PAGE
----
mTOR is a key downstream effector of PI 3-kinase-dependent Akt, which regulates cell growth, proliferation, and survival, protein synthesis, and angiogenesis (25). Specifically, mTOR is essential for ribosomal biogenesis and protein translation. Two downstream targets of mTOR, namely 4E-BP1 and p70S6K, are important regulators of protein translation and cell proliferation. GLP-2-induced increase in [3H]Phe incorporation rate was blunted in the presence of rapamycin (an inhibitor of mTOR) (see above in discussion). GLP-2R activation stimulated the mTOR phosphorylation on Ser2448, thus activating p70S6K and inactivating 4E-BP1, which would be essential in the control of protein synthesis. In the present study, moreover, GLP-2 stimulated phosphorylation of p70S6K and 4E-BP1, and this was blocked by the PI 3-kinase inhibitor (LY-294002), indicating again that GLP-2-mediated activation of the mTOR signaling was PI 3-kinase dependent. Interestingly, GLP-2 (20 nM)-mediated activation of mTOR signaling, i.e., phosphorylation of mTOR, p70S6K, and 4E-BP1, occurred as early as 15 min post-GLP-2 treatment (Fig. 5), and GLP-2-mediated phosphorylation of Akt on Ser473 occurred earlier compared with that on Thr308 (Fig. 3C). Note that Akt can be phosphorylated on Thr308 by PDK1 (phosphoinositide-dependent kinase-1), and phosphorylated on Ser473 by mTORC2 (rictor-mTOR complex) (24, 26). Therefore, our data suggest that GLP-2-mediated activation of mTOR signaling might not be completely attributed to downstream action of Akt signaling.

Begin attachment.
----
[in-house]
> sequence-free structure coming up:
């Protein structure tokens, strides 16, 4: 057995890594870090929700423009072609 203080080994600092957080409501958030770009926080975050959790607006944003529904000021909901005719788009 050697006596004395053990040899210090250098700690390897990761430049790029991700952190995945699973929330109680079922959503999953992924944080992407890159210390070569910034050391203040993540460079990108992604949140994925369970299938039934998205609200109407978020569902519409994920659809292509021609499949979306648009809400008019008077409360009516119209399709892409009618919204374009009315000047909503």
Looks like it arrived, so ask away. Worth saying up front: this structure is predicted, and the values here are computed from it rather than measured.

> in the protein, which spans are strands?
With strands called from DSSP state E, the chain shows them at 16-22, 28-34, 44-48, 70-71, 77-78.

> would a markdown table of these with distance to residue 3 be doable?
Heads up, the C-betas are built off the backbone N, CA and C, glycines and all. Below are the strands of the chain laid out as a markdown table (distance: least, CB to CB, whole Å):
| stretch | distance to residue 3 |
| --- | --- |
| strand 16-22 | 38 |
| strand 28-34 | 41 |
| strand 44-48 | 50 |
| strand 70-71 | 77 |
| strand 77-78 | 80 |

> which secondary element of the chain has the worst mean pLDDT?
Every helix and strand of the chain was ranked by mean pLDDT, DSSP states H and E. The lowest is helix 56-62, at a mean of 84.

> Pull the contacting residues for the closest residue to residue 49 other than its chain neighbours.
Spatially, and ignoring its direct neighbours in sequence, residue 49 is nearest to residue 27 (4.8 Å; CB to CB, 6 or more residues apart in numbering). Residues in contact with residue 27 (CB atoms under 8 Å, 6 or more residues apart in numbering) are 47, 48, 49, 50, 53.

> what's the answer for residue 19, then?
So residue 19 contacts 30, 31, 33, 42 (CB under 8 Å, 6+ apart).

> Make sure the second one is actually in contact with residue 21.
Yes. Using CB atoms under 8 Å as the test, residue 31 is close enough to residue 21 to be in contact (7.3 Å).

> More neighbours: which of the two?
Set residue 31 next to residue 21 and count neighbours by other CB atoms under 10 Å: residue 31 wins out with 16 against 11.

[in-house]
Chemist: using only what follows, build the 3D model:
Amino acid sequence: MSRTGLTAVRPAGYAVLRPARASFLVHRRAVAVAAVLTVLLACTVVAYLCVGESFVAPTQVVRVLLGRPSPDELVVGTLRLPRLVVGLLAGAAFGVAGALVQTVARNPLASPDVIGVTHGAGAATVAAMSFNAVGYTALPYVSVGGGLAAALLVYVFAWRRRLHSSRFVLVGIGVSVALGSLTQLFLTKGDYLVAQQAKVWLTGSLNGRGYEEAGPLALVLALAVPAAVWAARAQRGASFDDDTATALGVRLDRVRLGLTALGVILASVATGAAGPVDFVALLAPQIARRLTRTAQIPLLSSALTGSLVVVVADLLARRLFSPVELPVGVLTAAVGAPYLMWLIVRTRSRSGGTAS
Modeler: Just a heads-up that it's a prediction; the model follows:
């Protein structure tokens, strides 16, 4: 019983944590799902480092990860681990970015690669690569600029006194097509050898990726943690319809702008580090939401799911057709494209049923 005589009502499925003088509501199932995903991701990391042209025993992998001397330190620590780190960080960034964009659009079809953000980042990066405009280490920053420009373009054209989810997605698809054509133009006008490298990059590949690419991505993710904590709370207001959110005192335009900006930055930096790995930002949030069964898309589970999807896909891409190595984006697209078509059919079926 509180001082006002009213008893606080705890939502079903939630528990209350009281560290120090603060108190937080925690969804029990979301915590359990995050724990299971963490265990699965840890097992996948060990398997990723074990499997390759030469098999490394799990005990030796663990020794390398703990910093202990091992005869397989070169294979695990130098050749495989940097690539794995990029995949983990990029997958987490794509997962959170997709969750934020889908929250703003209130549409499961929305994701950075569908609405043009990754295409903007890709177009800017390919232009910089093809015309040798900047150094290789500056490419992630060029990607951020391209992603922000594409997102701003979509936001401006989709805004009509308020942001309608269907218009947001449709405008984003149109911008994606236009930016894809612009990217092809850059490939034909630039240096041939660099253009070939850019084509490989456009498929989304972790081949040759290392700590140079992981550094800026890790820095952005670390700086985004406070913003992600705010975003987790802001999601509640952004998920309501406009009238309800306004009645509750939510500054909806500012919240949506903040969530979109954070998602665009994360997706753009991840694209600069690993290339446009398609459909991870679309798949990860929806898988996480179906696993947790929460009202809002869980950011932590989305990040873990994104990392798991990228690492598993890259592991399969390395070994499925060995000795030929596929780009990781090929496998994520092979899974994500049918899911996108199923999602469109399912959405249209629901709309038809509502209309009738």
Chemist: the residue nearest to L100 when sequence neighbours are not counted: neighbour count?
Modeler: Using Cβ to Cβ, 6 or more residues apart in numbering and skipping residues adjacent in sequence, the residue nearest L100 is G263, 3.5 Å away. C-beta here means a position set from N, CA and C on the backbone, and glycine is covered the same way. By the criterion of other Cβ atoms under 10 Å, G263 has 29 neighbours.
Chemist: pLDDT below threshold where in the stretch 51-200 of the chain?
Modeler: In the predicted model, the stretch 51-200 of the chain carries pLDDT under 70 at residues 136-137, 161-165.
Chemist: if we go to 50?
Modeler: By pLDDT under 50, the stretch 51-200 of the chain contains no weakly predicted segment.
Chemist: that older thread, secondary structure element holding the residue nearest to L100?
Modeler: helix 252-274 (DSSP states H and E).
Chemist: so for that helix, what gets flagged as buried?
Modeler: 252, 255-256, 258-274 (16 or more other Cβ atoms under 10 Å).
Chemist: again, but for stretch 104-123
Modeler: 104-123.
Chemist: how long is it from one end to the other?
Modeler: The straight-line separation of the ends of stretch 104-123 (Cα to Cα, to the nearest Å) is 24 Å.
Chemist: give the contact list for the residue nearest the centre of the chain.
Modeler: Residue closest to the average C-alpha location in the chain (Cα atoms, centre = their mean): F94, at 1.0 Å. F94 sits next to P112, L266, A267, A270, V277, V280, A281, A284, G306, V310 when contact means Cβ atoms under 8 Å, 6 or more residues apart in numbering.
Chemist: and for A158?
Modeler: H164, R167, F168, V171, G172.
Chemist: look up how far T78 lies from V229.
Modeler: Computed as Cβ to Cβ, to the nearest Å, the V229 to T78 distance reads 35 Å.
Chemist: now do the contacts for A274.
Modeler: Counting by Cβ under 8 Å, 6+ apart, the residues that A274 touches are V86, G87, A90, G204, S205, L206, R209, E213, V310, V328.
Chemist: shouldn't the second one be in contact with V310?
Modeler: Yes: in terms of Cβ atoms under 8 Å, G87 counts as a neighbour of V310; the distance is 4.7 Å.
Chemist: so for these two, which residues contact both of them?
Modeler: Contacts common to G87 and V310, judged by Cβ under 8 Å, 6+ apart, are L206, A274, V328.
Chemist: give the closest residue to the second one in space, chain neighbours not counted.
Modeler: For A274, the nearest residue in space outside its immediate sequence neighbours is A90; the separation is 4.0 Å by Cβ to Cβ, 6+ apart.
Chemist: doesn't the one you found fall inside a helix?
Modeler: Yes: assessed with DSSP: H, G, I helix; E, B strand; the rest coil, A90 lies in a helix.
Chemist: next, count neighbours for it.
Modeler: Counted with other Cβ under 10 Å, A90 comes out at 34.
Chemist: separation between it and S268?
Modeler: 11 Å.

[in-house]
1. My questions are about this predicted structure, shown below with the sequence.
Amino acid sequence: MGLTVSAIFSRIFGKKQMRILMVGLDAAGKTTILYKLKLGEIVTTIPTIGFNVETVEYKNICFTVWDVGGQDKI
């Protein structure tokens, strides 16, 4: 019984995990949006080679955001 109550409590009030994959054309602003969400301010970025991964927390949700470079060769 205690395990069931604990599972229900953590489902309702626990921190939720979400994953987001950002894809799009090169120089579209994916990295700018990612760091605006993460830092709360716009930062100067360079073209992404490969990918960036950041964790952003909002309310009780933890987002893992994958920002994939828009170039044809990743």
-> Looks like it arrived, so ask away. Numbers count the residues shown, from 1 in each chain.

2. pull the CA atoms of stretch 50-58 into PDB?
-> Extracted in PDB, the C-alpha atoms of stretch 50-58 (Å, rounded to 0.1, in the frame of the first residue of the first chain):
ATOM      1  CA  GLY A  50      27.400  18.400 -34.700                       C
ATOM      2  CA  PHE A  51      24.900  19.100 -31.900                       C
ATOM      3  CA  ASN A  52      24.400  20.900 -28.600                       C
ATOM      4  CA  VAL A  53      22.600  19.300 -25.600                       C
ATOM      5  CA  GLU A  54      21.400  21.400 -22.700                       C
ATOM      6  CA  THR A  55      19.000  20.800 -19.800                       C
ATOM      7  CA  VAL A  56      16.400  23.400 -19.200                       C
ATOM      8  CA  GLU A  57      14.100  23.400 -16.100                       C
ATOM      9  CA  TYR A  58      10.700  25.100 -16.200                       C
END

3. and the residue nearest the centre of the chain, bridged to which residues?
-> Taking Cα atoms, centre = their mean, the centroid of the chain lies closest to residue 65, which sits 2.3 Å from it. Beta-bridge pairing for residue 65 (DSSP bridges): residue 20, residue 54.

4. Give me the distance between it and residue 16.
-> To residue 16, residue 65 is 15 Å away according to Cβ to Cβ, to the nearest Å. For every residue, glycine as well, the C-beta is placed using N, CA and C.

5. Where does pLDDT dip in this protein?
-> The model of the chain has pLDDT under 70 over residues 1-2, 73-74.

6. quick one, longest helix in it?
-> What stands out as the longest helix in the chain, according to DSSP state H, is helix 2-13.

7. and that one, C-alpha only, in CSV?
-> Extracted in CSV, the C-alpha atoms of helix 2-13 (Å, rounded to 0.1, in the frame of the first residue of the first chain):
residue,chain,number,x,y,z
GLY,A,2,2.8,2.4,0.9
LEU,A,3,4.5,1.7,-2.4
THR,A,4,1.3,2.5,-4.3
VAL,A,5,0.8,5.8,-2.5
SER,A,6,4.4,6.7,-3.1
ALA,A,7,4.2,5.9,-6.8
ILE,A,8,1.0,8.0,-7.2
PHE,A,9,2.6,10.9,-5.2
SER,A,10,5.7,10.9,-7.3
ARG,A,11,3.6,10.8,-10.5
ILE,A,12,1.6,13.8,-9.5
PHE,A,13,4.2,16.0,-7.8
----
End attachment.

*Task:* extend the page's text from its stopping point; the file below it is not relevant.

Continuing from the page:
In summary, GLP-2R activation stimulated protein synthesis and activated the mTOR signaling pathway, and this was partially mediated by the PI 3-kinase-dependent Akt signaling pathway. This metabolic action and signaling pathway of GLP-2 was not only defined in HEK 293 transfection cells but also established in cultured hippocampal neurons. GLP-2 acutely and dose-dependently stimulated protein synthesis in PI 3-kinase-dependent and mTOR-sensitive manners, suggesting that GLP-2-mediated activation of the PI 3-kinase-dependent Akt-mTOR signaling pathway was necessary for its stimulation of de novo synthesis of protein. We speculate that GLP-2-induced stimulation of protein synthesis might be physiologically relevant to providing secondary mediators [namely neuropeptides (VIP) or growth factors (EGF and IGF-I)] and maintaining neuronal long-term potentiation, which both require de novo synthesis of protein to fulfill GLP-2 signal transduction.
This work was supported by the USDA/ARS under Cooperative Agreement No. 6250-51000-043, National Institute of Diabetes and Digestive and Kidney Diseases Grants DK-075489 and DK-084125, and National Natural Science Foundation of China Grant 30728016 (X. Guan).
No conflicts of interest, financial or otherwise, are declared by the authors.
We thank Douglas Burrin, Qiang Tong, Guangcheng Zhang, and Adam Gillum at Baylor College of Medicine for scientific and technical support.
This work is a publication of the United States Department of Agriculture/Agricultural Research Service (USDA/ARS) Children's Nutrition Research Center, Departments of Pediatrics and Medicine, Baylor College of Medicine, and Texas Children's Hospital, Houston, TX. The contents of this publication do not necessarily reflect the views or policies of the U.S. Department of Agriculture; nor does mention of trade names, commercial products, or organizations imply endorsement by the U.S. Government.